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by Hedgebrook Guest

Spring is in the air and that means the annual Association of Writers & Writing Programs (AWP) conference is just around the corner. This is the one literary event I bookmark in my calendar years in advance, and for which I schedule everything else around; it’s a must-attend event in my books.

I often speak about what opportunities writers may find during AWP. Yet in addition to the socializing, schmoozing, and general knowledge intake, there are also countless ways in which to exercise literary citizenship. But what is literary citizenship? And why, of all places, would a writer elect to spend time doing activities seemingly unrelated to her own particular writing path?

Simply put, literary citizenship is a topical term for engaging in the community with the intent of giving as much as, if not more so, than we take. Our literary world is a social ecosystem that relies on others: readers, writers, editors, reviewers, publishers, booksellers, and so on. The writing and publishing world is one made of relationships. Writing itself may be a somewhat solitary activity, but once the story or poem is ‘done’ we rely on others to read, share, and publish our work. Yet there are so many levels of participation from others in this community. We turn to others for support after rejection; we hope others celebrate alongside our successes. We hope to develop positive connections with readers and editors; we long to feel a part of this community that has called us in some way to participate.

Literary citizenship calls on our acts of giving, of giving back to the ecosystem, so that we may actively ensure its sustainability. The beautiful thing is that it needn’t take much time or skill to offer something of ourselves, of our passions, to others. Simple acts of literary citizenship can include reviewing another’s book, helping set up a reading event, proofreading a peer’s draft, or simply showing up at an event and being mindfully present. These acts of kindness needn’t cost us a thing; the best ‘gifts,’ as in other aspects of life, come from an authentic place within.

Contributing to, and impacting, the literary world is something we can offer outside of our own selves, and yet it benefits our personal goals and ambitions as we can’t help but grow as writers, as people, when we step outside of our writing dens and into the buzz of literary culture.

How, then, might a writer participate as a literary citizen during AWP? The organization itself has a number of volunteer opportunities to assist with the conference, but there are simple activities anyone, from any walk of literary life, can take under her wing during those few fast-paced days:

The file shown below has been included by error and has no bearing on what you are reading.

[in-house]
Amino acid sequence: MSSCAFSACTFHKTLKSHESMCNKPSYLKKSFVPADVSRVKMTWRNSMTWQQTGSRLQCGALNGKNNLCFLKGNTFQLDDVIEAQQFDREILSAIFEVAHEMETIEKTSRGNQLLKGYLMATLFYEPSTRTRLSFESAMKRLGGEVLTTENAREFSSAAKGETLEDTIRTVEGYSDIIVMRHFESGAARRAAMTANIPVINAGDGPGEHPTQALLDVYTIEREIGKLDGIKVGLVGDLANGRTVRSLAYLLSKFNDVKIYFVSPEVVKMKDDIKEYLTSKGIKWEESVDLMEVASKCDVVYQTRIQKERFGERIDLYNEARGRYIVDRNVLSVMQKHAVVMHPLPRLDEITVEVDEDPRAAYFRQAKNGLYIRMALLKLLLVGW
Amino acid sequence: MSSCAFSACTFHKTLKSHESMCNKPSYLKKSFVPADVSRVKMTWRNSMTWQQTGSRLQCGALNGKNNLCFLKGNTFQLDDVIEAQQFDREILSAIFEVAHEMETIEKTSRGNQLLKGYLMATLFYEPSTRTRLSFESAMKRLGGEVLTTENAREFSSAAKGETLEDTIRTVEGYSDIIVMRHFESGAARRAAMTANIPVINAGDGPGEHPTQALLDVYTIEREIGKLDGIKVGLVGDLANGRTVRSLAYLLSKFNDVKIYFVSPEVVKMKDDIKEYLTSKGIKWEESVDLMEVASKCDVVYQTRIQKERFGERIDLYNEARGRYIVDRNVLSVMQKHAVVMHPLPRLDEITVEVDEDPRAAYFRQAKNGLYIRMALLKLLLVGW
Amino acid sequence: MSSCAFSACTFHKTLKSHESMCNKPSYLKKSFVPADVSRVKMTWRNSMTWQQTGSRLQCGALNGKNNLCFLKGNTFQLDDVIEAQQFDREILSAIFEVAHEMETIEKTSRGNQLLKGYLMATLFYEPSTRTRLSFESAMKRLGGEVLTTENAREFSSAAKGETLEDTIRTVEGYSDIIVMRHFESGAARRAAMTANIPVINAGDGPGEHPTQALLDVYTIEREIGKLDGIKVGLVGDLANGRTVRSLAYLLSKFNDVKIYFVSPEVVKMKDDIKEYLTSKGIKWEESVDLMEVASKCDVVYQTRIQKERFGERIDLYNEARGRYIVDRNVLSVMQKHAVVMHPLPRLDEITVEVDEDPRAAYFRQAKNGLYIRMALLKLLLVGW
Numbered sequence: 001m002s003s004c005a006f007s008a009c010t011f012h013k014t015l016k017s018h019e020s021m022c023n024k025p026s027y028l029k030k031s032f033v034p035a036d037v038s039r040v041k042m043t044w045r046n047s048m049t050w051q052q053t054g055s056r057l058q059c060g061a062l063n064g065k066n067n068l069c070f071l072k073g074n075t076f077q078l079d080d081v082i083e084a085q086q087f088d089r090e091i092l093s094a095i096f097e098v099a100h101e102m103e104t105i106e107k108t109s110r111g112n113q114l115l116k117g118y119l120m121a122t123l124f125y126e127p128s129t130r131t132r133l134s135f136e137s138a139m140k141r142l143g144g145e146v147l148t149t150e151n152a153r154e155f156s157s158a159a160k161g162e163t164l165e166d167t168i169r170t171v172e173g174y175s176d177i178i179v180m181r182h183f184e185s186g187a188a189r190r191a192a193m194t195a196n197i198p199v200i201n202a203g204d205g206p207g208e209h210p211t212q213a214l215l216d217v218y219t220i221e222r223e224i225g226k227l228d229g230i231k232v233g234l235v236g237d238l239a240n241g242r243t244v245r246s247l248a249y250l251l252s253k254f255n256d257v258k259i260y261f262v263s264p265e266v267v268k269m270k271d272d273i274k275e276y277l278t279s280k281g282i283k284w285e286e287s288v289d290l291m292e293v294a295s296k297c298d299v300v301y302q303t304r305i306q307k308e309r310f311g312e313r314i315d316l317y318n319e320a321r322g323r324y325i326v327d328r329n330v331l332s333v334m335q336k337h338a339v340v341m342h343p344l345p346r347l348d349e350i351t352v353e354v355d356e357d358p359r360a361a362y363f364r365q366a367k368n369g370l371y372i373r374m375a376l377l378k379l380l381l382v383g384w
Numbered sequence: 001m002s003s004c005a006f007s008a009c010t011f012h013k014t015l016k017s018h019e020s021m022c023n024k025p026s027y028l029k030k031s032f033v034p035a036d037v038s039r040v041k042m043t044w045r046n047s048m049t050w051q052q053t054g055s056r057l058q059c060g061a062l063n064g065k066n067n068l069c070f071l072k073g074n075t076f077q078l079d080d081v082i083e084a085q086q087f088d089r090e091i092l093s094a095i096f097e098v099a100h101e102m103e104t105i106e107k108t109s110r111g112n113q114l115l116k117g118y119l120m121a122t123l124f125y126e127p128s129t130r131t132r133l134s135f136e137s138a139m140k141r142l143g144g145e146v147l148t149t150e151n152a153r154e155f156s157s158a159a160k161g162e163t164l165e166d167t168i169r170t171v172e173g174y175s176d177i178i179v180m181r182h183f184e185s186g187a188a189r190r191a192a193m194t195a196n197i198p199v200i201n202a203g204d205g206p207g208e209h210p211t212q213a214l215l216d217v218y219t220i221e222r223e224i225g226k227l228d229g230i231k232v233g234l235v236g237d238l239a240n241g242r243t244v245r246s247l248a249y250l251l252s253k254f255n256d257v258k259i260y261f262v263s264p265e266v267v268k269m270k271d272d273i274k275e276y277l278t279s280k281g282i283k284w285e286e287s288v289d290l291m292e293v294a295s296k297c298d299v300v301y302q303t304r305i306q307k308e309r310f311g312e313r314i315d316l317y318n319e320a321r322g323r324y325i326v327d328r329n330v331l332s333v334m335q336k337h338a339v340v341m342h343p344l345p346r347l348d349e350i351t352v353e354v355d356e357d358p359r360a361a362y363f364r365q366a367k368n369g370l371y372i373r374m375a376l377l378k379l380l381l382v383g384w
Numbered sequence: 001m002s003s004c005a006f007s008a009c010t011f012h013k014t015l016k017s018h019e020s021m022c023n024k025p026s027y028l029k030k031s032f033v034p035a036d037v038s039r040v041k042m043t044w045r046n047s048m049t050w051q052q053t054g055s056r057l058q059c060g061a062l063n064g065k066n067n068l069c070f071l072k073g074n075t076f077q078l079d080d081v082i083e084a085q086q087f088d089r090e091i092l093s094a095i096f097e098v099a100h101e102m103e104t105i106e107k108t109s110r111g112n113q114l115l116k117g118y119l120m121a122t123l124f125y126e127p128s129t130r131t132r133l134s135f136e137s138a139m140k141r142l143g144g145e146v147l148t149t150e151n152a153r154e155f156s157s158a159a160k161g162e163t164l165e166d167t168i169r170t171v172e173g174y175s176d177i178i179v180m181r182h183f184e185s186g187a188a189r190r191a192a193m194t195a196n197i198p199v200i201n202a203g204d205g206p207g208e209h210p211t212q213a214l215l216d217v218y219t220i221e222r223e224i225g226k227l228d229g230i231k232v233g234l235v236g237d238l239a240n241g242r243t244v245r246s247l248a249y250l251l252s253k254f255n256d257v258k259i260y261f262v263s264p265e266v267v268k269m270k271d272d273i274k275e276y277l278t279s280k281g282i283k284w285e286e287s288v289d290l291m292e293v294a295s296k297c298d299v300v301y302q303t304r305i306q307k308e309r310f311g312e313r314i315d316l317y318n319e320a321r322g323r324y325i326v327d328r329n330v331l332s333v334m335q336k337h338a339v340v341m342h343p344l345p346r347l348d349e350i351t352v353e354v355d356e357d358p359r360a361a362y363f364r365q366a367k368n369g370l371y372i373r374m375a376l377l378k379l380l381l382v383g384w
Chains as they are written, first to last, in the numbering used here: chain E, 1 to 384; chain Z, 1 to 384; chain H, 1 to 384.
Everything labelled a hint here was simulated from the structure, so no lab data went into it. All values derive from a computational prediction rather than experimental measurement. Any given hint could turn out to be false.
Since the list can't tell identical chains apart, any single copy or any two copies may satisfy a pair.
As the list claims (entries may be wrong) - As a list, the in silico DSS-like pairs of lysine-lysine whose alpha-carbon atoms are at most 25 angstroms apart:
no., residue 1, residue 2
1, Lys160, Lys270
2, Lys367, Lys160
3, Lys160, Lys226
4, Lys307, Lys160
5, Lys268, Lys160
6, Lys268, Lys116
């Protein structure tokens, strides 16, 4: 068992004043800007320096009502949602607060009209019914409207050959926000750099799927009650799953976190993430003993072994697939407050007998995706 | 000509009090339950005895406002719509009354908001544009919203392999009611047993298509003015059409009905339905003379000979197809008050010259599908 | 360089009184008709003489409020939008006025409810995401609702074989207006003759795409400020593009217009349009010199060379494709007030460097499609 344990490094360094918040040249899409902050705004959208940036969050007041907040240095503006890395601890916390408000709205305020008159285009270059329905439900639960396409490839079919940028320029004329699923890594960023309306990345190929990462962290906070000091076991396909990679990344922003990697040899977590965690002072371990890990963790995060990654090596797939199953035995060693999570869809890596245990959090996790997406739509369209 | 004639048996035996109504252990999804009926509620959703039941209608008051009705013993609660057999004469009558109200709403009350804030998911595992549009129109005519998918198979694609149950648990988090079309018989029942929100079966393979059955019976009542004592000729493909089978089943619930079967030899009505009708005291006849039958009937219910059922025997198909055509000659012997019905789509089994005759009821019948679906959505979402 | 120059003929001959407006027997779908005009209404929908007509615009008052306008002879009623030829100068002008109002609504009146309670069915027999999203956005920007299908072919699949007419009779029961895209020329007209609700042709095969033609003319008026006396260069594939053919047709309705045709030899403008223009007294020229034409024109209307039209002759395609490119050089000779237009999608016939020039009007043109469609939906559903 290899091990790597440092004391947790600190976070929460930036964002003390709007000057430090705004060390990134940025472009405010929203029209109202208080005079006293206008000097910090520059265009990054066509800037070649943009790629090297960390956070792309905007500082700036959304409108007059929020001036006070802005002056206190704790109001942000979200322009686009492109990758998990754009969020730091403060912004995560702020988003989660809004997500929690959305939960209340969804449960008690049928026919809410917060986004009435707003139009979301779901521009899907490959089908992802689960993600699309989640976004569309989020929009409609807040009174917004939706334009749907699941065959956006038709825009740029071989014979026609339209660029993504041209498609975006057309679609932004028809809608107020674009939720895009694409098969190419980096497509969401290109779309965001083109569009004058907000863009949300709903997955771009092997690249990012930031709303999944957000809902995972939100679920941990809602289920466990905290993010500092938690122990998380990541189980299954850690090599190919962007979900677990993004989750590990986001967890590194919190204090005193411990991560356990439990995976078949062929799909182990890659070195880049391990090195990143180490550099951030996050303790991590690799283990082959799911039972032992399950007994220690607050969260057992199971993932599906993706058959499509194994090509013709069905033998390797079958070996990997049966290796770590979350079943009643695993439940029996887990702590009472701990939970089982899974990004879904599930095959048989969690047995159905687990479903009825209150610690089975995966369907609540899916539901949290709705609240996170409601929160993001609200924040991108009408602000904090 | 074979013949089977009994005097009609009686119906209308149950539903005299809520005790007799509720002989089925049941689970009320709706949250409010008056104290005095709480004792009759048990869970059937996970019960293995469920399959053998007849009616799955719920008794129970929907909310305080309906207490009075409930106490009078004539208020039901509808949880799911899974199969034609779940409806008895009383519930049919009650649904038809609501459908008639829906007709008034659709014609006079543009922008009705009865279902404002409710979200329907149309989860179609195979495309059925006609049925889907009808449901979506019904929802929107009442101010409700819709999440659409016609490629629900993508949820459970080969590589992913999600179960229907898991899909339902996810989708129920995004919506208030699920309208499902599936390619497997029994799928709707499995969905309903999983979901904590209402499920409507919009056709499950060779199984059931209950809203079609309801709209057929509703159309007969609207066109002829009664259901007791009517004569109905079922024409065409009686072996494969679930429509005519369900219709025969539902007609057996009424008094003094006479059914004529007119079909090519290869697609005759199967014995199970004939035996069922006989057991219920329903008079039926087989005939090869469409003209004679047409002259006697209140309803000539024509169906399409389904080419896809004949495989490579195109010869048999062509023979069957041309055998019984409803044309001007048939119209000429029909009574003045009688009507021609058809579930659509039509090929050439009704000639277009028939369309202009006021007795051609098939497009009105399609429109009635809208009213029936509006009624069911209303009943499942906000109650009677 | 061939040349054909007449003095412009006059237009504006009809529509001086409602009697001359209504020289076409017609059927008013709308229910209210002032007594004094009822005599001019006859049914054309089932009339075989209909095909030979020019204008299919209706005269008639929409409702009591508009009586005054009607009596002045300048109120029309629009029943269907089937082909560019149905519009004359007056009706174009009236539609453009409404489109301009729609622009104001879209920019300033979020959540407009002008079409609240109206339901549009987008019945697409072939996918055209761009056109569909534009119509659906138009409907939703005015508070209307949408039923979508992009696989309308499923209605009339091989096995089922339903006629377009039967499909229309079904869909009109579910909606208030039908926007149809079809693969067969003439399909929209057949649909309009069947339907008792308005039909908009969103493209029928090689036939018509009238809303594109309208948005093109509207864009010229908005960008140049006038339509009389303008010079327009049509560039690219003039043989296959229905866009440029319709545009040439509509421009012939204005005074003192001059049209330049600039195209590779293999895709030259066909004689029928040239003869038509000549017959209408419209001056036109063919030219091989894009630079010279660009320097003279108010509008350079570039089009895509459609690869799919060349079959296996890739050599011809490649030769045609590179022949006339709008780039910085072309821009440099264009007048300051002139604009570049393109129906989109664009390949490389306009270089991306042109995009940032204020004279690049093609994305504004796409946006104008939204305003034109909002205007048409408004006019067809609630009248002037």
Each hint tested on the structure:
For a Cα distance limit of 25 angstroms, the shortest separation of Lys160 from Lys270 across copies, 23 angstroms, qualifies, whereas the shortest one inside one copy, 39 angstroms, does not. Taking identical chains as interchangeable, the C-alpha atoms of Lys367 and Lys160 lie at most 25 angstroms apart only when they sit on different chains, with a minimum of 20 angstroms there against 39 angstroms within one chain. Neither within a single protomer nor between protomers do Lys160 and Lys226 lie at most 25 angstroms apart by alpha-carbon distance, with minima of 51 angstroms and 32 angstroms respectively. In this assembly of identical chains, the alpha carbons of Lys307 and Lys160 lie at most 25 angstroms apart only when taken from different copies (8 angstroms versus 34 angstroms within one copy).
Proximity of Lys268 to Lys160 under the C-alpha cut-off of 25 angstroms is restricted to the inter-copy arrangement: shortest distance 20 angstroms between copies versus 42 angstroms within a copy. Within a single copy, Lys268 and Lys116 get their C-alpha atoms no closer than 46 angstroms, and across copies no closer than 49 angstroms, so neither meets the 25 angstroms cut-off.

• help a bookfair exhibitor hand out materials and attract passers-by for an hour
  • or, merely cover a coffee or lunch break for a bookfair exhibitor
  • offer your time to an off-site reading and help set up chairs
  • approach exhibitors you don’t know to introduce yourself to something new
  • ask a journal how you can volunteer as a book reviewer or marketing assistant
  • seek out publishers and writers from your region you can help in some way when you both return home
  • introduce people you know to others you just met; help make connections
  • take photos of panels and speakers and then send them to those speakers
  • when you meet a representative from a journal or publisher that doesn’t work with your genre, consider who you know that would find them a perfect fit and make that introduction
  • most of all, engage: be helpful to newbies who need directions in and outside of the conference; make it a goal to come away from the conference having met at least three or four new people—and then make a point of contacting these folks after the conference winds down

AWP hosts a world of opportunities—for enhancing your own writing life and for engaging with others throughout the year. Yes, it’s a somewhat hectic place with too much to do and too many people to meet, and yet that’s precisely why it’s a goldmine for making things happen, for meeting new people and jumpstarting relationships that can extend throughout the year, and throughout your life as a writer.


About the Author:

LAMay_Credit CT Shier - Hedgebrook

Lori A. May is an author, editor, and instructor. Her writing may be found in publications such as The Atlantic, Brevity, and Writer’s Digest. She is the author of six books, including The Write Crowd: Literary Citizenship & the Writing Life (Bloomsbury) and The Low-Residency MFA: A Guide for Prospective Creative Writing Students (Continuum). Lori teaches in the MFA program at the University of King’s College-Halifax, and in the MA/MFA programs at Wilkes University. Canadian by birth and disposition, with a soft spot for Detroit, Lori now lives and writes in the Pacific Northwest. For more info, visit www.loriamay.com.


*This piece was adapted from an original post that appeared on The Write Life, a blog for MFA writing students at Wilkes University, and can be accessed here: https://wilkeswritelife.wordpress.com/2014/01/22/awp-an-opportunity-to-exercise-literary-citizenship/



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1 Comment

  • Michele Lowe
    4:48 PM - 13 March, 2015

    Thanks for posting this! AWP sounds like a great event.

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